Ray Tracing Redux

19 Jan 2021

I’ve been meaning to revisit my ray tracing system for a while, but never really had the motivation to dive back in. The way I’d built it was fragile and prone to infinite loops. The infinite loops are what finally got me to take another look: recent changes I’d made caused several sketches to never resolve.

My original ray tracing system simply collected line segments from each object it intersected. One of the big “improvements” I made was allowing objects to be reevaluated so a single ray could interact with the same object multiple times. Unfortunately I accomplished this with a recursive method. The closest intersection was found, then the method would be called on the next object. All of the intersections would be collected at the bottom of the stack and passed back up when the ray finished its journey. If it finished its journey.

A Formal Ray

For the second (major) attempt I switched over to a real Ray object to keep track of intersections. Another part of the code I updated was how a ray could be modified. A new RayTracable protocol gives an object the chance to modify a Ray directly, with the default to simply terminate it.

Once the new Ray was set up I began testing and quickly noticed that my circle intersections were wrong. The point of deflection wasn’t actually on the perimeter of the circle. I eventually discovered that I hadn’t understood the t value, which is used to find the point of intersection on the ray, correctly. I found an article which explained what I was missing and managed to fix the method.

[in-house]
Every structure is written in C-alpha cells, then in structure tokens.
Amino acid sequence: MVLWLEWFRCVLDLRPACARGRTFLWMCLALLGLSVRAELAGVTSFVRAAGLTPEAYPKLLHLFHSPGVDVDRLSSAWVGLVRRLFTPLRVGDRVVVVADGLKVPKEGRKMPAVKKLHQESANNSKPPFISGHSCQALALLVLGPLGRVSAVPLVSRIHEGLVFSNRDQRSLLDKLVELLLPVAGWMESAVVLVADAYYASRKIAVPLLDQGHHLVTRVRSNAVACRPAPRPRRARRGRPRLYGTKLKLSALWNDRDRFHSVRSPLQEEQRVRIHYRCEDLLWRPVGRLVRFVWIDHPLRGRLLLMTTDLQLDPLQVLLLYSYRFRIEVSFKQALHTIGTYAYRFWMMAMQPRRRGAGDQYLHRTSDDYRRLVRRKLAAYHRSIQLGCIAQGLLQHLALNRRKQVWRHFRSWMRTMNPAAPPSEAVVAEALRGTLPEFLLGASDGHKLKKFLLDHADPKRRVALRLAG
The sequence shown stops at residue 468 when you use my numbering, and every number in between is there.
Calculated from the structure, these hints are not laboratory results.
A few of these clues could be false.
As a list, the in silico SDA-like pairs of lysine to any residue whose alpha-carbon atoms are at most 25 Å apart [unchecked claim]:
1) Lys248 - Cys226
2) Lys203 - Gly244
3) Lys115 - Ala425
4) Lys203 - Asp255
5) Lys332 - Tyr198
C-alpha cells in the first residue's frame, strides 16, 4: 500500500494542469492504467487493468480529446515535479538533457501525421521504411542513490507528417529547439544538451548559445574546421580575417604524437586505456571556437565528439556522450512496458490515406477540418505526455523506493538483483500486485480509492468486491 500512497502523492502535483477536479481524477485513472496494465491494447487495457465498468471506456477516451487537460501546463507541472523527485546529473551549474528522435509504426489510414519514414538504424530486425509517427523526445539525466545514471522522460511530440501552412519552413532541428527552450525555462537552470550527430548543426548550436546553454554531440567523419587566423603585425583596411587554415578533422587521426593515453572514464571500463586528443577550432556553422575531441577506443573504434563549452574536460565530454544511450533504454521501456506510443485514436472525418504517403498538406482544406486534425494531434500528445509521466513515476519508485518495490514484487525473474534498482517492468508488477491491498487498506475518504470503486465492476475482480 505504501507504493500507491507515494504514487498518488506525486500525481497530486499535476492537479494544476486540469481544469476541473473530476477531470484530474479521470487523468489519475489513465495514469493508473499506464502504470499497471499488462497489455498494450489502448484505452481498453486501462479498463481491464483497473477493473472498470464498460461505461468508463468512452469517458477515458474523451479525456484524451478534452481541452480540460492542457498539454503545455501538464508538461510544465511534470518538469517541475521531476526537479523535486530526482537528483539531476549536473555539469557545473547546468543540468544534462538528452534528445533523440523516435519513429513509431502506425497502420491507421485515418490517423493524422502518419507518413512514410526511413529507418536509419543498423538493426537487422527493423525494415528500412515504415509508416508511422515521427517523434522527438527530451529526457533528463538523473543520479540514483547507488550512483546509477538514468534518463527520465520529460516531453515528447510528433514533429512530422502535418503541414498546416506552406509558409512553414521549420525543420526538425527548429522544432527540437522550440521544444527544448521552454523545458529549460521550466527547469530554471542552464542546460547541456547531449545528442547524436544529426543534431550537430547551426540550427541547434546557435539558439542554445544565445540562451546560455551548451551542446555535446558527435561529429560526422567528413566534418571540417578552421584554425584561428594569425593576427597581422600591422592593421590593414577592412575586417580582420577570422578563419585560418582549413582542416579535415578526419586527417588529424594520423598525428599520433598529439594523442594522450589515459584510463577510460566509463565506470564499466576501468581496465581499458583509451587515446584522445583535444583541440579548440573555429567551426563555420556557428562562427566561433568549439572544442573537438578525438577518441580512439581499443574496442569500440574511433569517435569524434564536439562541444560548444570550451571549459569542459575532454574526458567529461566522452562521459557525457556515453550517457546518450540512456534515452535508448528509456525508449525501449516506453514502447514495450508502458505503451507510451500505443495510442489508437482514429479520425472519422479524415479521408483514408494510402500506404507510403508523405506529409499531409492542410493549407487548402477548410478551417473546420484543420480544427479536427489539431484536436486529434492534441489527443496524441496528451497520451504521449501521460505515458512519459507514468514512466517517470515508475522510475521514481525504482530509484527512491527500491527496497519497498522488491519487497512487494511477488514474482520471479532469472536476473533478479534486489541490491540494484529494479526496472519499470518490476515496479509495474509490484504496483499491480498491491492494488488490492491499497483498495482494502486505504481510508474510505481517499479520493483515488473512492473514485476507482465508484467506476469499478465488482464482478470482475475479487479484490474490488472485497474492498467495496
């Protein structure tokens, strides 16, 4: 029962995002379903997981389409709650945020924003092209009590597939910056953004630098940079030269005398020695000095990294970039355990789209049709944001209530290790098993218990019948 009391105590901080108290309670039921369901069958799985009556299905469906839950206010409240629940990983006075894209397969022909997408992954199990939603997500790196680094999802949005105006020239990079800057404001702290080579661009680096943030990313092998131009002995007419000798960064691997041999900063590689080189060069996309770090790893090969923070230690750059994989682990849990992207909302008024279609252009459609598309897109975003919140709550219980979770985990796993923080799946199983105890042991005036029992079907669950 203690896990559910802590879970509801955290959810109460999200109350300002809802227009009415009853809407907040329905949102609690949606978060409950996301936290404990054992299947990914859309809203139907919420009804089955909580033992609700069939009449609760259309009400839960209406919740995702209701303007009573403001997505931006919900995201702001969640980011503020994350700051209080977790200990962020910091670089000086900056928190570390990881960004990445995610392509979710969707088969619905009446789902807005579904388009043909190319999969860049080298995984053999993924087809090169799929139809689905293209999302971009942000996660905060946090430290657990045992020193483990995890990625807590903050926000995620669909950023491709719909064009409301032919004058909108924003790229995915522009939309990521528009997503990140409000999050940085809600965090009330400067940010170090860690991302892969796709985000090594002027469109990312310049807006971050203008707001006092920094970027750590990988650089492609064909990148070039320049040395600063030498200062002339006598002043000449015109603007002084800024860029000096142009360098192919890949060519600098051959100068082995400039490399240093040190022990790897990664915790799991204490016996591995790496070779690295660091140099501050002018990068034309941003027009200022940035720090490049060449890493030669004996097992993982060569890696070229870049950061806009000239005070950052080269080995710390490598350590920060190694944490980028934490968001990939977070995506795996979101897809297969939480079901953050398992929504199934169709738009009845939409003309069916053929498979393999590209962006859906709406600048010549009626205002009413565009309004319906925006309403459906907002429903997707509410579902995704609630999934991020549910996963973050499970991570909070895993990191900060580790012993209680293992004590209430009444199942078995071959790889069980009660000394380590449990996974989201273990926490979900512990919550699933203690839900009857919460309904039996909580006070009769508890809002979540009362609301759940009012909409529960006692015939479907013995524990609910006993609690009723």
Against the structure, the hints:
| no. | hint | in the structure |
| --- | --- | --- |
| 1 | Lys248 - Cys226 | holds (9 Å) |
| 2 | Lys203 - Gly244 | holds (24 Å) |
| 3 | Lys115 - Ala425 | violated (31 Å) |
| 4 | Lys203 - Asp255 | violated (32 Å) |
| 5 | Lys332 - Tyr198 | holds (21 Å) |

Each time I conformed a shape to RayTracable I’d find similar issues. After a spot of pest control I finally had a system that behaved correctly.

Putting it All Together

Once the math was taken care of I revisited my largest ray tracing sketch. I’d never set out to necessarily make a performant ray tracer, but it was exceptionally slow. Looking into the drawing code I found I was generating the paths for each drawn layer. A quick change to separate the calculations and the on-screen drawing helped a lot.

The final tweak I made was how I was rendering the layers. Before I’d updated the drawing code I ended up with a particularly nice sample render where the rays would pool into bright spots, which I then accidentally “fixed” and couldn’t replicate. Eventually I figured out the correct blend mode and drawing order to be able to control the effect to great success.

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Placeholder Art

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SwiftGraphics

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